Posts on the Touchpoint Leaks
In Bryony’s original blog ‘Growth: Do you want lifetime value, margin or volume?’, she explained the different types of growth a business can achieve through putting the right kind of marketing in place across the customer journey. She also explained how the Watertight Marketing methodology maps across that journey, and can be used to identify, prioritise, and address any gaps.
In this article, we take a deeper look at the ‘volume’ part of that concept, and how it relates to what many people think is marketing: generating leads
In a blog I wrote recently, I mentioned that one of the four growth strategies was looking for like-minded prospects. This is step two of the process we’d recommend to help you find, win and keep more of the right clients. We’re looking here at two things. Firstly, it’s how you go about finding more clients. Second, how you can funnel and filter the right clients to make sure you’re spending your time on those most likely to convert.
We’ve come into contact with 1000’s of businesses over the years. Whichever sector they’re in, however large or small they are, however their marketing is organised, there’s one common theme. Forgotten customers. It’s the marketing leak we most frequently see and it’s the first place to start if you’re looking for stability and growth.
As any in-house marketer will tell you, there will come a time when you might need to use external specialists. There are all sorts of factors involved in deciding what to keep in-house and what might need outsourcing.
Are you getting results you and your business needs from marketing? Since you’re investing time, energy and money on marketing, you’ll no doubt be thinking (and others asking) about value for money, return on investment and how to measure marketing success.
Getting the backing of your board for the marketing budget you need to do a good job is a key skill of a client-side marketer. If you’re getting push back on your budget requests, here are three key ways to get better buy-in by distinguishing the three marketing budgets, index-linking your requests, and using Visual Budgeting to express your rationale.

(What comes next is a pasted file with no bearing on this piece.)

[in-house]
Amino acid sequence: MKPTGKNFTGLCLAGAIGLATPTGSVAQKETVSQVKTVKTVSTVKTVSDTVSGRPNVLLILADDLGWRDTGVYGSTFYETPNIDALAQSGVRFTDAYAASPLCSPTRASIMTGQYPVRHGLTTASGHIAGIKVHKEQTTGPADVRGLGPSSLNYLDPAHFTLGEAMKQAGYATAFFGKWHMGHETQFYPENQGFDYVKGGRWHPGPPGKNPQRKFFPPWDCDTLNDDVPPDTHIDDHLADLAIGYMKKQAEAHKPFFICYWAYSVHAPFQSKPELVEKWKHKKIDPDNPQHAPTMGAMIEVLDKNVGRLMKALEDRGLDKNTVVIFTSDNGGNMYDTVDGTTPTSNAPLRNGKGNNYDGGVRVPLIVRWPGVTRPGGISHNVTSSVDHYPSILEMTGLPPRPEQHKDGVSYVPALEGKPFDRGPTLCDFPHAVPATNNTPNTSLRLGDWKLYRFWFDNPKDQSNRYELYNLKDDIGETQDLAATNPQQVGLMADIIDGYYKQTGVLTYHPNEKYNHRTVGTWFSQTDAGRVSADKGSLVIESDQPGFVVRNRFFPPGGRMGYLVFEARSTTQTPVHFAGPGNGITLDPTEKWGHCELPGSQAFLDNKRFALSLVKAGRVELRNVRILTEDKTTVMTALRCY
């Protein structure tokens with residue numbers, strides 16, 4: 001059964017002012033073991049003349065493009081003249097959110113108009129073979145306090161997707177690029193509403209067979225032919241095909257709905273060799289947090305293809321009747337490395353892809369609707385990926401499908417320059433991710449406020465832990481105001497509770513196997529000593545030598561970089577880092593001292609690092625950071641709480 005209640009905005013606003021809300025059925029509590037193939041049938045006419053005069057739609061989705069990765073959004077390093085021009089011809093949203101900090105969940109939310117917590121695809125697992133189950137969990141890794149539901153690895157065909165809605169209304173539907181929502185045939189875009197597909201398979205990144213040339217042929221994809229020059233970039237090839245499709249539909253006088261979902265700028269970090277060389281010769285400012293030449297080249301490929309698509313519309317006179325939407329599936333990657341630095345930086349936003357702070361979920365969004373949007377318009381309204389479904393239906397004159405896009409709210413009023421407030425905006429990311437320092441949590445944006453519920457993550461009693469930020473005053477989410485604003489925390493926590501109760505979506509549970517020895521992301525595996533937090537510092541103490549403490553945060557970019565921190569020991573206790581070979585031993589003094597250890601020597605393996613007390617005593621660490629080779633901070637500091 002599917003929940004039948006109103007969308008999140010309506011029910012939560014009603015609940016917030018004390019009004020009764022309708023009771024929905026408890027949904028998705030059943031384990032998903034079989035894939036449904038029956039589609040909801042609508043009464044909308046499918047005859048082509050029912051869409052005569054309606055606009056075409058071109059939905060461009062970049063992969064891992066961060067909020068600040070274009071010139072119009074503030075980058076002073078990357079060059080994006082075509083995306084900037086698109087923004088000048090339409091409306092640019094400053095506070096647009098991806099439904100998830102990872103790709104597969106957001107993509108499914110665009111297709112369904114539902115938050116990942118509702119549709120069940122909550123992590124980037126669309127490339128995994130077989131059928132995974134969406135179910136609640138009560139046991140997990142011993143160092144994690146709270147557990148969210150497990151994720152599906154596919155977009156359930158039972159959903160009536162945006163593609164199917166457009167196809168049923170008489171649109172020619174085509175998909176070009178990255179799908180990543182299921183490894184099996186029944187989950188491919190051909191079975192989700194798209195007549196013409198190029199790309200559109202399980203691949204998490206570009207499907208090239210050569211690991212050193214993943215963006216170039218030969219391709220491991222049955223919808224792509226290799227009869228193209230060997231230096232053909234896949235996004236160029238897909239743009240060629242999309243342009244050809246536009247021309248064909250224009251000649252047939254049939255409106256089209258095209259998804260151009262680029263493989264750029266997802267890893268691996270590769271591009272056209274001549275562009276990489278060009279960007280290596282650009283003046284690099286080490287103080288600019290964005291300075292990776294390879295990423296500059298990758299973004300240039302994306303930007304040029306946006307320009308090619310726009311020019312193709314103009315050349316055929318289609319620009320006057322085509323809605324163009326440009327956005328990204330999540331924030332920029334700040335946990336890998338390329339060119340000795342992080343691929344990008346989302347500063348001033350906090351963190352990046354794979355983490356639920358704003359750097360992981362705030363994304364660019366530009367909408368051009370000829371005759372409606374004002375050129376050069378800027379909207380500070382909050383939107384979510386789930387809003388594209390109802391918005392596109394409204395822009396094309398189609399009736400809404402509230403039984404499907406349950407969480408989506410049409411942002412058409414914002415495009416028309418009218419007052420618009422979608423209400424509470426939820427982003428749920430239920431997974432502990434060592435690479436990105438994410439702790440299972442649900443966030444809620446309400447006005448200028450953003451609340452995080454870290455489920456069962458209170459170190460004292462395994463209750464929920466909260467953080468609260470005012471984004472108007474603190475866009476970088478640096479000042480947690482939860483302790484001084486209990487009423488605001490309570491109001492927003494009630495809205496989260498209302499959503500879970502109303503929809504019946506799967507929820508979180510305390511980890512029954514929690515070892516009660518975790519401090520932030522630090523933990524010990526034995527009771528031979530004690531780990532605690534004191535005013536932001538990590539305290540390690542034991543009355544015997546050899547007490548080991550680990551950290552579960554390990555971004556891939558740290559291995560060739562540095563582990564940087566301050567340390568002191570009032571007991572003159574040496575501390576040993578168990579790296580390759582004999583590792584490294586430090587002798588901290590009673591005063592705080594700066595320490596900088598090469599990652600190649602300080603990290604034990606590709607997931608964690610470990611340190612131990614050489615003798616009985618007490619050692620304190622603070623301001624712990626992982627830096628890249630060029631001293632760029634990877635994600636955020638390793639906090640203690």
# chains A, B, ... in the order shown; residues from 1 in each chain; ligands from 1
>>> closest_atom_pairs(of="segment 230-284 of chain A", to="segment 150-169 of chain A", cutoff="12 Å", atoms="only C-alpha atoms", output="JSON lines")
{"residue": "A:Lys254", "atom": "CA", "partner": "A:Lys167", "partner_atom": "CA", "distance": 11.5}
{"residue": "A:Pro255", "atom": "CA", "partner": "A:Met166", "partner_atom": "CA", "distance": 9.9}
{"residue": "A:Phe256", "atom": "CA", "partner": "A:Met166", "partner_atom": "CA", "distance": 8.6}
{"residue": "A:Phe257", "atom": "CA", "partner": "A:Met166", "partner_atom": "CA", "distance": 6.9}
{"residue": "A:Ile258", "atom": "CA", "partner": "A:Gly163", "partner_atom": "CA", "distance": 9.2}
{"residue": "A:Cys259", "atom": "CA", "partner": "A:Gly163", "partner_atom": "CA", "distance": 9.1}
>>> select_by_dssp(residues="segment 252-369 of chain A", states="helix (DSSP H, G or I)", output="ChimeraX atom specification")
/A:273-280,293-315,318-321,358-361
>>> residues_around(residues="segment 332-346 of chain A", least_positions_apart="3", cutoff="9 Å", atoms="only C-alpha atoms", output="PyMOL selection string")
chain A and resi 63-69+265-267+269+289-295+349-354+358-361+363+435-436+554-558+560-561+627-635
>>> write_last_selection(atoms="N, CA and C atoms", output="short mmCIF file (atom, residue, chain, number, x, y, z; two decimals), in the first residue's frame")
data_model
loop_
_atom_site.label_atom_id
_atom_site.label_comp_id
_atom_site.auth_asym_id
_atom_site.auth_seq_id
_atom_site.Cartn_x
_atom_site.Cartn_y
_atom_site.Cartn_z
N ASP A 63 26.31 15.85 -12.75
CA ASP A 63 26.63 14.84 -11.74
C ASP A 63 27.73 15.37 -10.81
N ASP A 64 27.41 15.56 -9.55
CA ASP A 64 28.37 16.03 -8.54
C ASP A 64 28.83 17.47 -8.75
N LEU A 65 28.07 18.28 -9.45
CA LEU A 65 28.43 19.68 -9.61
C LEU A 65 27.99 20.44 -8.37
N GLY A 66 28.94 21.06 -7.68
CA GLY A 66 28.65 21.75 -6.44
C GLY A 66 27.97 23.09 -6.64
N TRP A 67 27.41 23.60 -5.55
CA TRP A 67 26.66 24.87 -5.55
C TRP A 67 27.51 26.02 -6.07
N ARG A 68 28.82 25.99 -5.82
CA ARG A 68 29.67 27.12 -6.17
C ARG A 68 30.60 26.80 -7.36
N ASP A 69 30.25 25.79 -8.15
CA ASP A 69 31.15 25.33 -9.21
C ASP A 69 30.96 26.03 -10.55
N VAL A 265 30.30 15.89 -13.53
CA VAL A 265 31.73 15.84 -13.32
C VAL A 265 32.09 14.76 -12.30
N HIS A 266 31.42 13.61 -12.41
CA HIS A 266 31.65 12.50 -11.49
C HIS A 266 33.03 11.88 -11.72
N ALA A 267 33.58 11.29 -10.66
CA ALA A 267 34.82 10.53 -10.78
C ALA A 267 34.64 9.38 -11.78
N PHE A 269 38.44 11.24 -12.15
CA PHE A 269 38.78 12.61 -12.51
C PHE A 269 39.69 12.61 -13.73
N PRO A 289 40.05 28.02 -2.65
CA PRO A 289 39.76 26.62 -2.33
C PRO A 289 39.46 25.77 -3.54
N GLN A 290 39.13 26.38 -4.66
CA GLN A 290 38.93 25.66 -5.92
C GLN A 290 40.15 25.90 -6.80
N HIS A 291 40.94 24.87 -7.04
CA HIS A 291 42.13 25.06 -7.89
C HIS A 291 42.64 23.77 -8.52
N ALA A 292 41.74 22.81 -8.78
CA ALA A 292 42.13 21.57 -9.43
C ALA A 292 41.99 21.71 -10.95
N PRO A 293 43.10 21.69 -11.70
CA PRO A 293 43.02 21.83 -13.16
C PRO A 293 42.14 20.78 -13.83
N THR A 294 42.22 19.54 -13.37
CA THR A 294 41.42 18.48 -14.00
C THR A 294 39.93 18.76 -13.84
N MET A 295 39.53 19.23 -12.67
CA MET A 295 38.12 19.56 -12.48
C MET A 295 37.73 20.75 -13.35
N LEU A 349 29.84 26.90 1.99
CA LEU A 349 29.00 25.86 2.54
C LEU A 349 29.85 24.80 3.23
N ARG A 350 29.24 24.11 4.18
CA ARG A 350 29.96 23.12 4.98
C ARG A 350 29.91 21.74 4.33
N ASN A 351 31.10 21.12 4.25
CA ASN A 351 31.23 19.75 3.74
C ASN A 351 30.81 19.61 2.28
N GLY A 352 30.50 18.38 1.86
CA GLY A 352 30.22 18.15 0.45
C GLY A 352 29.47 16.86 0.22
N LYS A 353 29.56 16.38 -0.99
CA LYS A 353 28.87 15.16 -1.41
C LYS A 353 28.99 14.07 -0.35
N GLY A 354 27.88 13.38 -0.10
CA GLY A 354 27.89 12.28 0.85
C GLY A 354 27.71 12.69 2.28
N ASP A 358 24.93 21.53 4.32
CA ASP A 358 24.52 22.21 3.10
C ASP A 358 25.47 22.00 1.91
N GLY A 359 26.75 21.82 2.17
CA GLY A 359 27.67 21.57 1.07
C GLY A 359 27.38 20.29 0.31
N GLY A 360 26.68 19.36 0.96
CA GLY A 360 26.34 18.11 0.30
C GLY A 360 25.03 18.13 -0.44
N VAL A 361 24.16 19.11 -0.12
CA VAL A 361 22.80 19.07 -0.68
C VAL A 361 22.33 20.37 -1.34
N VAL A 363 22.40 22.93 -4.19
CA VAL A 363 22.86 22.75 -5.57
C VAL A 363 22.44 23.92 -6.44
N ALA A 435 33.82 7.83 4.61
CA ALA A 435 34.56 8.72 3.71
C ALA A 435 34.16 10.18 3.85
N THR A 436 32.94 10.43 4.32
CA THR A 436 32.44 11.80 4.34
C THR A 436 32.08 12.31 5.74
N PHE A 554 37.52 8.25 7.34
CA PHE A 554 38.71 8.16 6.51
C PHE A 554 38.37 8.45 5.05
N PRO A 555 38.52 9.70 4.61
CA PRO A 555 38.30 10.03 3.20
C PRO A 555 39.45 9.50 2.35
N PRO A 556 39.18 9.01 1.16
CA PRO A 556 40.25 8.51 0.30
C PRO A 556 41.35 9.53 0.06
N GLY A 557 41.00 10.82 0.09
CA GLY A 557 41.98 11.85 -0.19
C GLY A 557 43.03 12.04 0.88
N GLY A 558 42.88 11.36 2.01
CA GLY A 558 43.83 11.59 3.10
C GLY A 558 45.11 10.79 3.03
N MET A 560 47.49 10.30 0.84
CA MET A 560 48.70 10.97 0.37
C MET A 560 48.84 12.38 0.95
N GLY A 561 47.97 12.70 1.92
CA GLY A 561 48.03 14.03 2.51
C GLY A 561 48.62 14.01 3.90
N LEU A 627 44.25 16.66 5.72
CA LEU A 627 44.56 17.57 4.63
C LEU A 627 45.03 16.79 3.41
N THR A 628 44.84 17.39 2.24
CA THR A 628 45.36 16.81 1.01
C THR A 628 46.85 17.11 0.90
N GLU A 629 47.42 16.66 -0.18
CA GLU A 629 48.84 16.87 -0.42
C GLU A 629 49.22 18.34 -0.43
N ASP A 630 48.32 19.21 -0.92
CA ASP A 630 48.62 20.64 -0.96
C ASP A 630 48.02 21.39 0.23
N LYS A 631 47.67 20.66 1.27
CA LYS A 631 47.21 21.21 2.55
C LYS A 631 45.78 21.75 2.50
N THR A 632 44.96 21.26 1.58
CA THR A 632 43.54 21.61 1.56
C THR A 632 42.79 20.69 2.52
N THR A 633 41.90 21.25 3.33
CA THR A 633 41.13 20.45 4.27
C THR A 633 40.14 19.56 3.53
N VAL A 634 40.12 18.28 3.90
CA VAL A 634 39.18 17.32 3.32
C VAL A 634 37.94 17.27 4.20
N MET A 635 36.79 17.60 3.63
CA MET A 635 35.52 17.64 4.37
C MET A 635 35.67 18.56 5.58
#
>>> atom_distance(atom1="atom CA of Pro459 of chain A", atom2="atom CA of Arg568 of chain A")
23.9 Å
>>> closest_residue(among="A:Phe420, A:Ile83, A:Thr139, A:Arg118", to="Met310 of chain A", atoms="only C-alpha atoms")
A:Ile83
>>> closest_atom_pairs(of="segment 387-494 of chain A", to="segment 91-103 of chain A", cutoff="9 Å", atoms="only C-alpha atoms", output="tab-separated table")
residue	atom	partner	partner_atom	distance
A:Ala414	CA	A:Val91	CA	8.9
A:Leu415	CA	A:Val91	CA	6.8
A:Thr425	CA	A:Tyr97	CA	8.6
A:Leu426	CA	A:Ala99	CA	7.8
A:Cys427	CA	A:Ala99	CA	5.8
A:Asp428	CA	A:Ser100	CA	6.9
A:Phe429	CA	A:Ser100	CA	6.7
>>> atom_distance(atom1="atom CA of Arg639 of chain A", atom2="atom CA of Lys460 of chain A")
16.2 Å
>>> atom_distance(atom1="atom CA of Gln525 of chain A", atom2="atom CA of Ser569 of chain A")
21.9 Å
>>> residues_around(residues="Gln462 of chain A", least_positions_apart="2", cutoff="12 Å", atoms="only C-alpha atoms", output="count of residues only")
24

Without having a common definition, and alignment on what marketing is, does and how it works, the likelihood of making great decisions is pretty low. So, let’s look at how you reach a common language.
In various forms, I get asked the difference between sales and marketing almost weekly. Underlying this question is the oft cited discontent between the disciplines, and a desire to get them working more harmoniously together. In answering this question, I have to also bring in service – because what we’re talking about here is supporting an end-to-end customer journey
You can grow a business on sales skills alone, but why would you make your life harder than it needs to be. Investing in tools to match your skills will get you further faster. In this post, Bryony looks at the difference between tools and skills and why a scaling business needs both.
“A printed copy of the Watertight Marketing Team Alignment and Benchmark engagement report has been on my desk permanently since I received it well over a year ago because we refer to it all the time as a guiding light for our ongoing marketing decisions.” Simon King, Director
Josef Elliott of Oyster IMS walks you through his Watertight journey with the assistance of Gordon Ramsey, Grayson Perry, Stephen Fry, Dolly Parton, and Status Quo.
10 reasons to invest in a marketing operation when times are good…
“Most of the businesses that we work with on a marketing transformation have a sales team. In fact, most have an excellent sales team on whom the growth to that point can be credited. Further to this, in many of our most committed clients, the sales are already soaring. In working with CEOs, MDs, and Sales Directors in this context, it’s natural to question why they need marketing at all.” ~ Bryony Thomas, Author | Watertight Marketing